Analytical Society

The Analytical Society was a group of individuals in early-19th century Britain whose aim was to promote the use of Leibnizian notation for differentiation in calculus as opposed to the Newton notation for differentiation.[1][2] The latter system came into being in the 18th century as an convention of Sir Isaac Newton, and was in use throughout Great Britain. According to a mathematical historian:[3]:394

In 1800, English mathematics was trapped in the doldrums of fluxional notation and of an intuitive geometric-physical approach to mathematics designed to prepare the student for reading Newton's Principia...The study of any mathematics not pertinent to the traditional questions of Tripos was not only ignored, but actually discouraged. Cambridge was isolated, and its students remained ignorant of continental developments.

The Society was first envisioned by Charles Babbage as a parody on the debate of whether Bible texts should be annotated, with Babbage having the notion that his textbook by Sylvestre Lacroix was without need for interpretation once translated.[4] Its membership originally consisted of a group of Cambridge students led by Babbage and including Edward Bromhead.[5]

Robert Woodhouse had brought the Leibniz notation to England with his book Principles of Analytical Calculation in 1803.[6] While Newton's notation was unsuitable for a function of several variables, Woodhouse showed,[7] for instance, how to find the total differential of $\phi(p, q),$  where φ is a function of p and q:

$d\phi = \frac{\part \phi}{\part p} dp + \frac{\part \phi}{\part q} dq .$ The slow uptake of the continental methods in calculus led to the formation of the Analytical Society by Charles Babbage, John Herschel and George Peacock.[1]

The evidence of Analytical Society work appeared in 1816 when Peacock and Herschel completed the translation of Sylvestre Lacroix's textbook An Elementary Treatise on Differential and Integral Calculus[8] that had been started by Babbage. In 1817 Peacock introduced Leibnizian symbols in that year's examinations in the local senate-house.[1]

Both the exam and the textbook met with little criticism until 1819, when both were criticised by D.M. Peacock, vicar of Sedbergh, 1796 to 1840. He wrote:[2]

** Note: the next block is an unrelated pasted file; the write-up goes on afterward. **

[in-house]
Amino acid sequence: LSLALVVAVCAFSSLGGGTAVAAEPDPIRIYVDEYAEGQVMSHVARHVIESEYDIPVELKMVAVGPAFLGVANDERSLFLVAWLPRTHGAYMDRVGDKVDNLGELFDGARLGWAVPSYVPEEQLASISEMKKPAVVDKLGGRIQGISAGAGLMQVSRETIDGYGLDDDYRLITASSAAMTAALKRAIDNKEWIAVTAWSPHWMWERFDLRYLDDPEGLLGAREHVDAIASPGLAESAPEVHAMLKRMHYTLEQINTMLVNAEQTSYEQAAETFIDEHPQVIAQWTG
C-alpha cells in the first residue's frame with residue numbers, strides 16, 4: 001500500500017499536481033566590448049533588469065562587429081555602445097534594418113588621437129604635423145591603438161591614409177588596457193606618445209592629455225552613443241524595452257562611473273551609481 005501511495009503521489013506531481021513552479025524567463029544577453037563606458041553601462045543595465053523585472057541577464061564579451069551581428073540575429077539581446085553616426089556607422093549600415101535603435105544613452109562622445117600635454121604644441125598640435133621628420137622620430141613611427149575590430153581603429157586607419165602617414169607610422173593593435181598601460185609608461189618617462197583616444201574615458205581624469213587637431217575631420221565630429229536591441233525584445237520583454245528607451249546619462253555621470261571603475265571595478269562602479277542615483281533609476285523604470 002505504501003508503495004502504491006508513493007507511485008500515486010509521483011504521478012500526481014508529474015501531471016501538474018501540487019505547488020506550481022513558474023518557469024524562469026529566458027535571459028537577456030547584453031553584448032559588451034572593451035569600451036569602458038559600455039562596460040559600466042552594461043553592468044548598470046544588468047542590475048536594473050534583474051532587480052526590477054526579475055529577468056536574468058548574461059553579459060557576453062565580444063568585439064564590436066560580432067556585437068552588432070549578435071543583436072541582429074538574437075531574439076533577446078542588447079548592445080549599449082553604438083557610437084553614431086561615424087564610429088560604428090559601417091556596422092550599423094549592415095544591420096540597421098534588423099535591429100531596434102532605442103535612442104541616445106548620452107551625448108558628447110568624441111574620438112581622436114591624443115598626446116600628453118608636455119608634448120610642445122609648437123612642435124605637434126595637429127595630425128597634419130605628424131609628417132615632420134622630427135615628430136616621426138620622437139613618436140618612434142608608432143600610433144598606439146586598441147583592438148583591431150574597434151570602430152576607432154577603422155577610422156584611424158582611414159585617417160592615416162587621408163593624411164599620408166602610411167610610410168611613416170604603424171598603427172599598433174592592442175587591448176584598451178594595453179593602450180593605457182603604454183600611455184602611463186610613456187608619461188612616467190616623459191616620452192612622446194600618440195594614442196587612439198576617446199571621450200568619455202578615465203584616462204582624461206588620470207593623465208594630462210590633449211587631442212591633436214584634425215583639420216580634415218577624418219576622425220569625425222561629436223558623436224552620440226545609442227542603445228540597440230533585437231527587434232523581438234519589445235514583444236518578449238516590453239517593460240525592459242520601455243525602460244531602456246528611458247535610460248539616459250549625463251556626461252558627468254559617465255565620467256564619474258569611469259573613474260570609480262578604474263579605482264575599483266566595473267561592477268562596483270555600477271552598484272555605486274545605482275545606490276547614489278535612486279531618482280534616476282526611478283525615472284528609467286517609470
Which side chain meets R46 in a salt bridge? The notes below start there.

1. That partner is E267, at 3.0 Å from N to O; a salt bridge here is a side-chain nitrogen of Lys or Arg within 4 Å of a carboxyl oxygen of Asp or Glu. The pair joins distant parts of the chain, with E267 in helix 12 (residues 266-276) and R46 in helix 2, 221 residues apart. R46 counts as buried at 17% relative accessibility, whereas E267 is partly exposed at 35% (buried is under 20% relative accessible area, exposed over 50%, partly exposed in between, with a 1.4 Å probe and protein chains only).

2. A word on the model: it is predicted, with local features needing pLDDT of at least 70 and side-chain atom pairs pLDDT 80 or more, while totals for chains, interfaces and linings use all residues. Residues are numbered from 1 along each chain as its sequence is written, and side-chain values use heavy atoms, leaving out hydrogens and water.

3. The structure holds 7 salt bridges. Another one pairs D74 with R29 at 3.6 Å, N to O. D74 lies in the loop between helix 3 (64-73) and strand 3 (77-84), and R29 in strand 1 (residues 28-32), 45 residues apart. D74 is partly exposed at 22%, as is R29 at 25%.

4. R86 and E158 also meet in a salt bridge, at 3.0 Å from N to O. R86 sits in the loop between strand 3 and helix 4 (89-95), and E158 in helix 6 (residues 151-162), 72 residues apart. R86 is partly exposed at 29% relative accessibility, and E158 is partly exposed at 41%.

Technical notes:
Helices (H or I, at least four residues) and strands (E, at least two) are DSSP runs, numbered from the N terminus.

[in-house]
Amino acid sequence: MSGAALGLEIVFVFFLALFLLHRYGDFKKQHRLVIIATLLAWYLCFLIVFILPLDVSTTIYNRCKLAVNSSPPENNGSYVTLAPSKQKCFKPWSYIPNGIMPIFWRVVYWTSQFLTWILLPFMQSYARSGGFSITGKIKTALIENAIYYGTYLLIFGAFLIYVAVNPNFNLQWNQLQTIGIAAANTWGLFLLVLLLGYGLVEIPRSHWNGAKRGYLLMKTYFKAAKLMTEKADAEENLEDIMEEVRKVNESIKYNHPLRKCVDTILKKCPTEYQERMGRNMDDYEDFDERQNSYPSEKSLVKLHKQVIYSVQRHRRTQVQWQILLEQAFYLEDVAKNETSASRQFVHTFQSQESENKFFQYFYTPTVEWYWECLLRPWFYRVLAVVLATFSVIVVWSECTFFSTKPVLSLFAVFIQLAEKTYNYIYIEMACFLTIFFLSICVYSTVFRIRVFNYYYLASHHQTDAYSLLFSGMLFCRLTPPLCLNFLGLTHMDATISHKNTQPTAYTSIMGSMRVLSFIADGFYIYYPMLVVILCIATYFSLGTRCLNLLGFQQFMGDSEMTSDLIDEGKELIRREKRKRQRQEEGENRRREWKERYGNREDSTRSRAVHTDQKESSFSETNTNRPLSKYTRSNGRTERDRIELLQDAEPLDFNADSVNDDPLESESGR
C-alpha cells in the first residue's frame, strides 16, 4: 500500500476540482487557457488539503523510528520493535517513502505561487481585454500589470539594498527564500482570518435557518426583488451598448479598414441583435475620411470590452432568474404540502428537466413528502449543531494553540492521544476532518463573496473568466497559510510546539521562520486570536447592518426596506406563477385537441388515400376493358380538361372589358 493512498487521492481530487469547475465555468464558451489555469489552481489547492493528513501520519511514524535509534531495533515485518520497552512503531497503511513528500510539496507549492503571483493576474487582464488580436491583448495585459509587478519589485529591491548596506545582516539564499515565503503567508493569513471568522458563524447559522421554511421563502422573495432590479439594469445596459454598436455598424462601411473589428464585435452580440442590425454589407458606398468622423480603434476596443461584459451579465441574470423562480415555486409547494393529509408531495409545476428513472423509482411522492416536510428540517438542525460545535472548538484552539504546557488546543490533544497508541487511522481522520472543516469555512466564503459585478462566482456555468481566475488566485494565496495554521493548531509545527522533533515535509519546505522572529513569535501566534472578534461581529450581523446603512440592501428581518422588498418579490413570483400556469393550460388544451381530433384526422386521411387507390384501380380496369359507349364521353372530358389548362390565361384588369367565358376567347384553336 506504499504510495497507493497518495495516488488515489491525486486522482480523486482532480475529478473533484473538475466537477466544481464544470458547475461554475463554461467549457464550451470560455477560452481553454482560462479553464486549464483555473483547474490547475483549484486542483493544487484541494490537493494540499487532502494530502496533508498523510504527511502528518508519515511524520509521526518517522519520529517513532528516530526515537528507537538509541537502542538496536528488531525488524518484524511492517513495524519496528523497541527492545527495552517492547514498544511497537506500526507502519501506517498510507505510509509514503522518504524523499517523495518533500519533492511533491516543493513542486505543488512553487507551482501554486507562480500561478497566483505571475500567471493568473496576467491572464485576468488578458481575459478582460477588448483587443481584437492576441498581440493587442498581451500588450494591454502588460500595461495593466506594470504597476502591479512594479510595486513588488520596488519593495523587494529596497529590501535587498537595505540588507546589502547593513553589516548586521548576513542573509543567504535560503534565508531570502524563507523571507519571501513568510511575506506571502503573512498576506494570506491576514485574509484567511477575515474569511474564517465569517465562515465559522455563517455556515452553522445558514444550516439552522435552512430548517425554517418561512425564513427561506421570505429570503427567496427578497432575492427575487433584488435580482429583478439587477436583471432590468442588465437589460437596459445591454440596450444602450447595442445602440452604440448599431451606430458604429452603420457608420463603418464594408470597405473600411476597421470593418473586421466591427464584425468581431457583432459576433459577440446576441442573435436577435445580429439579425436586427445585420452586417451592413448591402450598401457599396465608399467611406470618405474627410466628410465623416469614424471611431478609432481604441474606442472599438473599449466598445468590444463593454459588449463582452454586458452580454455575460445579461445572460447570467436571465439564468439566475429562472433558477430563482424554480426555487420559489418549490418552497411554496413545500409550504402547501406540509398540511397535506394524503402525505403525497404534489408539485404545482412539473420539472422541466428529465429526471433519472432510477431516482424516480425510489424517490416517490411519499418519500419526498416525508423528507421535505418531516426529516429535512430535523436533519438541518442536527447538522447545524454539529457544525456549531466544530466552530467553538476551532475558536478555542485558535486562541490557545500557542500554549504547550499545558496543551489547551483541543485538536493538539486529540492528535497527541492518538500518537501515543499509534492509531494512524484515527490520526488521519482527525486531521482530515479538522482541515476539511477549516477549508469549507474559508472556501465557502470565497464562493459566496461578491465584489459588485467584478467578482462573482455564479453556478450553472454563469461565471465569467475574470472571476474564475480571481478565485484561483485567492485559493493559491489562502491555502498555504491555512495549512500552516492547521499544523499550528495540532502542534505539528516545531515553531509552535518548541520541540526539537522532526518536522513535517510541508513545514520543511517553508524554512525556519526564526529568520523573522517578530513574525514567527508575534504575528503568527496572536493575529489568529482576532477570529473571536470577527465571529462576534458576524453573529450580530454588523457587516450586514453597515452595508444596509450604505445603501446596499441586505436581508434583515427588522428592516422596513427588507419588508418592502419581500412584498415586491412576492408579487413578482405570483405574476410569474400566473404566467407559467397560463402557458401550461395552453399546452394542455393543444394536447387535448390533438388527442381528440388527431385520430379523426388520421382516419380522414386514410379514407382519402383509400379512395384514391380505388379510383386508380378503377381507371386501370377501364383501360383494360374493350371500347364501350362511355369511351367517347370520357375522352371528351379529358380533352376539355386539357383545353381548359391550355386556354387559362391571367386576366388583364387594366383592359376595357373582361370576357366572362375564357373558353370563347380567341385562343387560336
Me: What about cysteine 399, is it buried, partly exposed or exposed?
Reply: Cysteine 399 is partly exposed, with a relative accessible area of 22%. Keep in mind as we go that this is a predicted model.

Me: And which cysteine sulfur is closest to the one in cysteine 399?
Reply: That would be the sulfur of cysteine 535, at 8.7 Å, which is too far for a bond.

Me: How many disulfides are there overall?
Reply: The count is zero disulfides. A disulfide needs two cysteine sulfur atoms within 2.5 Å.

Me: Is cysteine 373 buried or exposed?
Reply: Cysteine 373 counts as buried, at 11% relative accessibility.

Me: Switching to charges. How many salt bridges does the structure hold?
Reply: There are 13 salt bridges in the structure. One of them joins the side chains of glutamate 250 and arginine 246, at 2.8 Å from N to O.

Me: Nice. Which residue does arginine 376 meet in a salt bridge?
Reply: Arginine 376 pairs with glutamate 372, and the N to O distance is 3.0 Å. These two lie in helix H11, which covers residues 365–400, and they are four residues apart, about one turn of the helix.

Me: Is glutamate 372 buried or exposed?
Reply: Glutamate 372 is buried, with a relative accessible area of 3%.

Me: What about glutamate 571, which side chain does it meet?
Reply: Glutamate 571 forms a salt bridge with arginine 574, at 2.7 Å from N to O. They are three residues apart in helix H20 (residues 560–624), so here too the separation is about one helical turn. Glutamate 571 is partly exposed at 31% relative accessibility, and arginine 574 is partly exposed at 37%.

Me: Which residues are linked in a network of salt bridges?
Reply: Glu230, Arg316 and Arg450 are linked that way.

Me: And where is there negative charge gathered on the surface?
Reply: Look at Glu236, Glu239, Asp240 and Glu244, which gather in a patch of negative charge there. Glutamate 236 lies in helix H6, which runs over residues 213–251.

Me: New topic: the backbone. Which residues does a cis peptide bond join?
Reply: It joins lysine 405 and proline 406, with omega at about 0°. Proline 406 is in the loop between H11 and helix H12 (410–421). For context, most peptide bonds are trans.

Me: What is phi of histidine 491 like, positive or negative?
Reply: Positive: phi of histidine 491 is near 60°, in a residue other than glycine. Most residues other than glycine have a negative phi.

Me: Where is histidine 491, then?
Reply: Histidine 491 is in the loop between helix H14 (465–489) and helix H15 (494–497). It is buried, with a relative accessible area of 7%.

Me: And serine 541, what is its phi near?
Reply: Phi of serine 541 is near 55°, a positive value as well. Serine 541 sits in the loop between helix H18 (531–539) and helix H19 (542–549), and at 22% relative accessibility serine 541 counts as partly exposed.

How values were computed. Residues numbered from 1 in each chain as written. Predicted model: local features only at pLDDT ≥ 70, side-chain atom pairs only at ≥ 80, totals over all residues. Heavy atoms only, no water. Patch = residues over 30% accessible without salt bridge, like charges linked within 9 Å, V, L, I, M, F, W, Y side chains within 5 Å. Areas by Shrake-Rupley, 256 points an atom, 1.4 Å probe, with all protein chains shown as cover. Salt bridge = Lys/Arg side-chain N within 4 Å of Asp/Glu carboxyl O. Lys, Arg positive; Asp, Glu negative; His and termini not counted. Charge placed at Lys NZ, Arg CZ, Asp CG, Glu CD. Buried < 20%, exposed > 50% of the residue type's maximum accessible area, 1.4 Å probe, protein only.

The University should be more on its guard ... against the introduction of merely algebraic or analytical speculations into its public examinations.

Nevertheless, the reforms were encouraged by younger members of Cambridge University. George Peacock successfully encouraged a colleague, Richard Gwatkin of St John's College at Cambridge University, to adopt the new notation in his exams.[2]

Use of Leibnizian notation began to spread after this. In 1820, the notation was used by William Whewell, a previously neutral but influential Cambridge University faculty member, in his examinations. In 1821, Peacock again used Leibnizian notation in his examinations, and the notation became well established.

The Society followed its success by publishing two volumes of examples showing the new method. One was by George Peacock on differential and integral calculus;[9] the other was by Herschel on the calculus of finite differences. They were joined in this by Whewell, who in 1819 published a book, An Elementary Treatise on Mechanics, which used the new notation and which became a standard textbook on the subject.[10]

John Ainz, a pupil of Peacock's, published a notable paper in 1826 which showed how to apply Leibnizian calculus on various physical problems.

These activities did not go unnoticed at other universities in Great Britain, and soon they followed Cambridge's example. By 1830, Leibniz notation was widely adopted and used alongside the traditional denotation of differentiation by use of dots as Newton had done.

In 1832, the Society, which had been renamed the Cambridge Philosophical Society in 1819, incorporated officially. The members included Peacock and mathematician Oliver Heaviside. This society still exists today.